Jack McGarry of the Dead Rabbit Bar in NYC said it best: “The Bloody Mary is the Madonna of the cocktail world.” She keeps on reinventing herself. Apart from the classic Gin Martini or maybe the Manhattan, I can’t think of a cocktail that has had so many variations and interpretations. [fold]

Flicking through old cocktail books and magazine articles, evidence suggests that it most likely started its life in the 1920s as a simple drink of tomato, lemon and spices. Further along the track, we witness bartenders from New York, London and Paris throwing in their additions and changing the ratios of the drink. We see lime substituted for lemon; various herbs appear; and of course there’s the introduction of the base spirit. Vodka reigns supreme, however we shouldn’t let the addition of gin go unnoticed (most commonly known as a Red Snapper). Even Pernod has its place in the glass. Whatever the story, I never let history get in the way of a good drink.

The Bloody Mary is easily the most popular beverage at a weekend brunch. It has the vim and vigour for a mid-afternoon pick-me-up and all the medicinal qualities to rank it number one in the ‘hair of the dog’ category. And of course, we all reckon we make the best one.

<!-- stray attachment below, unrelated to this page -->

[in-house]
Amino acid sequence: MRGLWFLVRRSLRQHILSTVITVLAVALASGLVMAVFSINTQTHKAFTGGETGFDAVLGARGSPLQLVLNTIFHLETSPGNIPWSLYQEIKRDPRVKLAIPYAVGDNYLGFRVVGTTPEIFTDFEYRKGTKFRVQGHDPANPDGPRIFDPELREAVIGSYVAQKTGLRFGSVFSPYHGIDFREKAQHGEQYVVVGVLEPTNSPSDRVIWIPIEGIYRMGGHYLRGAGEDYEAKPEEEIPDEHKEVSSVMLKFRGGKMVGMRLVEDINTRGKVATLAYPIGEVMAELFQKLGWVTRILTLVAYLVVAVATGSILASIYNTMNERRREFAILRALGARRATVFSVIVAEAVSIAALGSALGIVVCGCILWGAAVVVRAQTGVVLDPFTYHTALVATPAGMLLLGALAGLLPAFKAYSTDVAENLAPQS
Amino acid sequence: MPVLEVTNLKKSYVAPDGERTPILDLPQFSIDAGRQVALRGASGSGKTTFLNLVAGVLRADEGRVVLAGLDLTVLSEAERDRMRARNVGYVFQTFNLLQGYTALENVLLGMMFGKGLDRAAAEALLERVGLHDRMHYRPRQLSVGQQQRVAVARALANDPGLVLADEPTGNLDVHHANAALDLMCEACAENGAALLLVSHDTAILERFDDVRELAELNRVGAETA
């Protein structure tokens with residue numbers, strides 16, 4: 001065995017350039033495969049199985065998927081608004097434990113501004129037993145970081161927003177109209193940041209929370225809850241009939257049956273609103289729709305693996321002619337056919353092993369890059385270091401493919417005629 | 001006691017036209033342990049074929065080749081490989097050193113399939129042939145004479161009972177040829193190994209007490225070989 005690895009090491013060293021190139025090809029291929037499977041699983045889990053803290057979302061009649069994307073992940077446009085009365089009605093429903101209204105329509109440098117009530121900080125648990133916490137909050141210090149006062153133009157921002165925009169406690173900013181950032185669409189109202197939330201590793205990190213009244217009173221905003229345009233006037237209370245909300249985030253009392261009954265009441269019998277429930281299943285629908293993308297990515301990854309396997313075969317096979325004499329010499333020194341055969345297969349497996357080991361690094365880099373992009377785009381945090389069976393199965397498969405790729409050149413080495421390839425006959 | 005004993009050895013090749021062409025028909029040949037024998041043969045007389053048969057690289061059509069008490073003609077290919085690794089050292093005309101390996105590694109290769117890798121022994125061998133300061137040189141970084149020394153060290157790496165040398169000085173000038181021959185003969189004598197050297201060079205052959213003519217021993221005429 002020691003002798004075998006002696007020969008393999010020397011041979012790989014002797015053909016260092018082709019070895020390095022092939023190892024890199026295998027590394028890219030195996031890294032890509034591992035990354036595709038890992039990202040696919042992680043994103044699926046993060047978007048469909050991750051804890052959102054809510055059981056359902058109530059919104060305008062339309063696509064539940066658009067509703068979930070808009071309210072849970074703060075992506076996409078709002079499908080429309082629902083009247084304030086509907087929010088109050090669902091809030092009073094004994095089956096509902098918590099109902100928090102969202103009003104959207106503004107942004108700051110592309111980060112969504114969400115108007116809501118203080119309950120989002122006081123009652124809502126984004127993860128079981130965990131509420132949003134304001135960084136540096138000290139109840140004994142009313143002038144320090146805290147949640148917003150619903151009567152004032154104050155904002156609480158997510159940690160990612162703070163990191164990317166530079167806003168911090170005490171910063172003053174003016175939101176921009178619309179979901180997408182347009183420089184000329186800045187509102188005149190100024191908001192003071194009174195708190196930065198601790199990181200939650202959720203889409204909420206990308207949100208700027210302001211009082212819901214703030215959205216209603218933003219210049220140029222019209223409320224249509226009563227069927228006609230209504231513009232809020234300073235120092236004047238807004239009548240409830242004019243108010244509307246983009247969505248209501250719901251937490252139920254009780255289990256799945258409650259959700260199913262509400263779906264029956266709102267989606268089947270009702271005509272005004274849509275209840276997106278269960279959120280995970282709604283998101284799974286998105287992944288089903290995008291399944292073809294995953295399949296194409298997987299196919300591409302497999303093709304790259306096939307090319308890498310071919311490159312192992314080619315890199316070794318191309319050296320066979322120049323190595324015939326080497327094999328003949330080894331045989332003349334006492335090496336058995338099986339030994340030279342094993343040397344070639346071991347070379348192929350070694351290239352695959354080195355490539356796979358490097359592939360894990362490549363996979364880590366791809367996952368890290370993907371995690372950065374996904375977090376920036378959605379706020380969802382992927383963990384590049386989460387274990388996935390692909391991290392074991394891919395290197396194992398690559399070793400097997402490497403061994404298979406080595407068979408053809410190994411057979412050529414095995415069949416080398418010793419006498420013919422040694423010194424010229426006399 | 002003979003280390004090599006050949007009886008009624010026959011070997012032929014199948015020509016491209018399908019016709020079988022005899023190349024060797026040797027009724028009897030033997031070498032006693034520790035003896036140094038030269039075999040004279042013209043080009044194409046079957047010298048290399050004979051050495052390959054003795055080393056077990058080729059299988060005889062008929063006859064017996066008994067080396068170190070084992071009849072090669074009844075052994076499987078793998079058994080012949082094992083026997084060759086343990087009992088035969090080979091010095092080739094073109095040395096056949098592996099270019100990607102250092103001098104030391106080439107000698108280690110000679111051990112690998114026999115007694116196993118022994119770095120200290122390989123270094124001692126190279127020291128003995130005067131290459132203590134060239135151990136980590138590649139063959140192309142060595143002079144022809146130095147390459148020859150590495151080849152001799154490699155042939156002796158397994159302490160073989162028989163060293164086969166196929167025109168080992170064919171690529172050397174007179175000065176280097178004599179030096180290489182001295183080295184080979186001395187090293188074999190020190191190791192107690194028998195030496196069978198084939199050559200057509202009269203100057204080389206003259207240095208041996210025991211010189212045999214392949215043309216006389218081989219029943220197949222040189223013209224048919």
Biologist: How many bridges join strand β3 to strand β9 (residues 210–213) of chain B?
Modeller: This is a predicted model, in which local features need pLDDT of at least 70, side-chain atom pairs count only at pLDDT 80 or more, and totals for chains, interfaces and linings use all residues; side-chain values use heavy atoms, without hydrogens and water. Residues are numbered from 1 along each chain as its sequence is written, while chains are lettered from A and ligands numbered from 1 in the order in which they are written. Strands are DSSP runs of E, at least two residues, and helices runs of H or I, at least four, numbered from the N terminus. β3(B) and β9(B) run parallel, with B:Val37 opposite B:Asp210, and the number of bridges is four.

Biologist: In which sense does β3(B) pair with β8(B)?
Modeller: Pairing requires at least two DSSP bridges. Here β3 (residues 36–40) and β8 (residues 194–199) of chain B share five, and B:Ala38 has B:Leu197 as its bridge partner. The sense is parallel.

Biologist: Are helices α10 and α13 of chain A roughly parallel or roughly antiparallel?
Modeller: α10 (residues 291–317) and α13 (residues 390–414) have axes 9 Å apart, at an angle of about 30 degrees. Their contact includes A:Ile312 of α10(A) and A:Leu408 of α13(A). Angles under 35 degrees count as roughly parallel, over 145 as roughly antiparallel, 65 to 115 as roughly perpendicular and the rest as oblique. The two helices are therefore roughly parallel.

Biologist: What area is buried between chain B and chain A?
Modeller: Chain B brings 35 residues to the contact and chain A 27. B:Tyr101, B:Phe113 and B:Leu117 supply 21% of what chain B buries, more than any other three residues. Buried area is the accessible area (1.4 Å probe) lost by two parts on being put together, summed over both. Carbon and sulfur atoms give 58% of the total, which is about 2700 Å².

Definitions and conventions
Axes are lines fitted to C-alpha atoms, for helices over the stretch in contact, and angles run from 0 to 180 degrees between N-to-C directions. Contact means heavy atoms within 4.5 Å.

At Bottleneck, we have our ‘backyard barbecue’ of variations. On our blackboard, there’s a smoky number comprising Johnnie Walker Black and chipotle peppers as well as a south-of-the-border classic, the Michelada (Blanco tequila, lime, beer and tomato). Delicious. I’m currently working on a Caesar recipe, the Canadian classic that substitutes tomato juice with ‘clamato’ (half clam, half tomato).

When it comes to our House Mary we don’t stray too far from the classics: vodka (we use Ketel One), fresh lemon juice, Worcestershire, Tabasco, salt and pepper and tomato. Simple. We freshen her up a bit with a daily juice of carrot and celery, and there you have it.

Whichever way you have your Bloody Mary, just remember, anything goes.

See you at the bar.

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